Pathi broke into filmmaking with a short film - 'Saturo' (Enemies) which won the Film Critics award. He says he discovered his love for the city in his first feature film - 'Ahas Gavva' (One League of Sky) - dealing with the problems of the youth, the new generation of workers; unemployment. This was followed by 'Paara dige' (On the Run) and 'Soldadu Unnehe' (Old Soldier). In the former which he says is one of his favourites, he took a hackneyed 'family theme', a woman getting pregnant and resolved it outside the family, within the crowds of the city, in a hostel for working women and unemployed youth. He broadened the scope of the city in 'Soldadu Unnehe' "going right up to the edges, where the underworld, the prostitute, a pickpocket, a clerical servant fired from his job and a discarded soldier eke out a living under the tree." The tree becomes part of the lives of these four people and the film is about what these protagonists encounter within three days - a day before and after Independence Day and the Independence Day itself. (The four roles were played with great feeling by Joe Abeywickrema, Malani Fonseka, Henry Jayasena and Neil Alles).

Leaving urban life, Pathi says he has tried to deal with communities that have been cast as 'the other'. Switching gears, in 'Bambaru Avith' (Wasps are Here), he handled the life of fishing people. Explaining that the romance and sexual plot is central in the film, he says that it is the sexualized story of intrigue, passion and desire that propel the central narrative theme. "This may be the reason for its huge popularity among critics and the committed film-going coterie. I like it for there you are walking a tight rope between melodrama and sentimentality on one side and a distanced political critique on the other. A filmmaker must love his and yes, her subjects. One must feel an intimacy with their longings. Otherwise what you may depict may just not be true or convincing. You are then not looking within yourself, your desires,” he elaborates.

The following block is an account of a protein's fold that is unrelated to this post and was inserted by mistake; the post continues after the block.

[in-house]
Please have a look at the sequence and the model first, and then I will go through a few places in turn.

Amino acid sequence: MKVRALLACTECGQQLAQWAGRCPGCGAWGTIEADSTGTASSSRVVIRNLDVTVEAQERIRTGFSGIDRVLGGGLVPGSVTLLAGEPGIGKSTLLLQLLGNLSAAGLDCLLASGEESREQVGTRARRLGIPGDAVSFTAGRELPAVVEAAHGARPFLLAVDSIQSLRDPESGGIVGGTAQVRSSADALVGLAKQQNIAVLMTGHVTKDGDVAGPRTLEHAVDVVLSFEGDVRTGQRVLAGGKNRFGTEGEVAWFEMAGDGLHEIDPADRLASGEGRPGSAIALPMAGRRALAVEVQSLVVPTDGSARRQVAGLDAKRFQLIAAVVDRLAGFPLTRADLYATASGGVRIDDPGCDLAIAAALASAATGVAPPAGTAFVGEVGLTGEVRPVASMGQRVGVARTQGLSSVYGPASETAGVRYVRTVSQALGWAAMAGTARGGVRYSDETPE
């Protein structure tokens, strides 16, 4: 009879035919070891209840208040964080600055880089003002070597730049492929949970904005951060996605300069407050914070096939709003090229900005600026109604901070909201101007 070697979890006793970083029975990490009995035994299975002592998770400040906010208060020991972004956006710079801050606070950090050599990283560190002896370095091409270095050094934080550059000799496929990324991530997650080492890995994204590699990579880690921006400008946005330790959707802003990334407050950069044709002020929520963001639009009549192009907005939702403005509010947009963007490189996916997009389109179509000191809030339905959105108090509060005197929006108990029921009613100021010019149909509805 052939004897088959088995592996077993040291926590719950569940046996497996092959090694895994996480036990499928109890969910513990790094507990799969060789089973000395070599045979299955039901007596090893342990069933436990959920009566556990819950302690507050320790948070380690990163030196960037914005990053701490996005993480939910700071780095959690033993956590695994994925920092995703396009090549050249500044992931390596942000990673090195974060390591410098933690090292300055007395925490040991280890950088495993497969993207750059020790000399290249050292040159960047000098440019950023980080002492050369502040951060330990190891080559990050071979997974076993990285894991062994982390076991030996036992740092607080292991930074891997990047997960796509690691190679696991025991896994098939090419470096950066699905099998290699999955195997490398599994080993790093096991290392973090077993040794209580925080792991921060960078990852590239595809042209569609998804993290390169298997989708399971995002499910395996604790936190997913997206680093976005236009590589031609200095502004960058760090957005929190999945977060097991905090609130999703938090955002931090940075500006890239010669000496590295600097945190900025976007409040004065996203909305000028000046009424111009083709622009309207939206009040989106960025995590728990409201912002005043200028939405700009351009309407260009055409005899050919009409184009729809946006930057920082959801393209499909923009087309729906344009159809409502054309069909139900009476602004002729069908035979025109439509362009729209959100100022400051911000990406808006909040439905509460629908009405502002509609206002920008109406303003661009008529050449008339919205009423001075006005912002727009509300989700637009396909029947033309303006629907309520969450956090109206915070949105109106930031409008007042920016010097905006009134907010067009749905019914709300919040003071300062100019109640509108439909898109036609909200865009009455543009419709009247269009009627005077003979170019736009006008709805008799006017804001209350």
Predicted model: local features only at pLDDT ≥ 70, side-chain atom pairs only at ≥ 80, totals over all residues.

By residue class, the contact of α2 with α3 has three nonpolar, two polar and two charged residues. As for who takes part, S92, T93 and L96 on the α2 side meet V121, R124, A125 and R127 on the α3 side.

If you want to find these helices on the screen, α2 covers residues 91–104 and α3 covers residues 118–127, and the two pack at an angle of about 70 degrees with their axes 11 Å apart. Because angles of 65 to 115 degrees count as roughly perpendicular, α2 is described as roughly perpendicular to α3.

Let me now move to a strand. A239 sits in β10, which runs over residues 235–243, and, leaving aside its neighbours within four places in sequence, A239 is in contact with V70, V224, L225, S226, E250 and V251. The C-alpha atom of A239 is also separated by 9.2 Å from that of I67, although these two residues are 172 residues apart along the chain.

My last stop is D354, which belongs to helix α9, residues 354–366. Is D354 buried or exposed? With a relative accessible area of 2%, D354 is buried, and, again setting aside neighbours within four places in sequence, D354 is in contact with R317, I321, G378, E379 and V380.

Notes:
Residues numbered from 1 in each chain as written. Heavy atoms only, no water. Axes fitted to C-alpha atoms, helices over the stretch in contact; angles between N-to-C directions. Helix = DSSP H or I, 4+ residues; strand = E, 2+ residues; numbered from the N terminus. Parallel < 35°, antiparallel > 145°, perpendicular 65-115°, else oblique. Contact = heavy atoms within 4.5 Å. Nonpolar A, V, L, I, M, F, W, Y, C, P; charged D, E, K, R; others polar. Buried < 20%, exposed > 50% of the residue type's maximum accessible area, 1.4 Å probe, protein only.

After talking more of his films, Pathi moves on to discuss the filmmaker's role in general. "May be one should move away from seeing oneself as a Sri Lankan filmmaker. This is going to be difficult given the heightened ethno-political identifications we work within Sri Lanka," he says. Stressing that in an important ideological sense, film has a language and languages of its own, he feels to call it Sinhala, Tamil or Hindi is to fall into a trap and to not realize the crucial importance of technology and apparatus in the making and reception of film.

Pathi has plans for "a lot more films" but admits we are going through a bad patch financially. He, however, thinks film apprenticeship must be encouraged and the study of films must be fostered. Another worry is the lack of women filmmakers. Why are there no Tamil films being made in Sri Lanka? According to him, Tamil businesses are interested in sponsoring Sinhala films. "Complete reliance on the market will be suicidal for filmmakers in Sri Lanka. If we are to maintain our independence from the industrial empires of Bombay and Madras and Hollywood we may have to look for other kinds of collaboration. State sponsorship becomes a must here. State sponsorship brings along with it its own problems. But if the state apparatus acts independently then we may have a future,” he says.

To Pathi, film-making is like "an unfinished unresolved passion, romance with a language that contains unknown territory. A quest to master the idiom. In my youth, I fell in love with this language, the idiom of life. It continues…"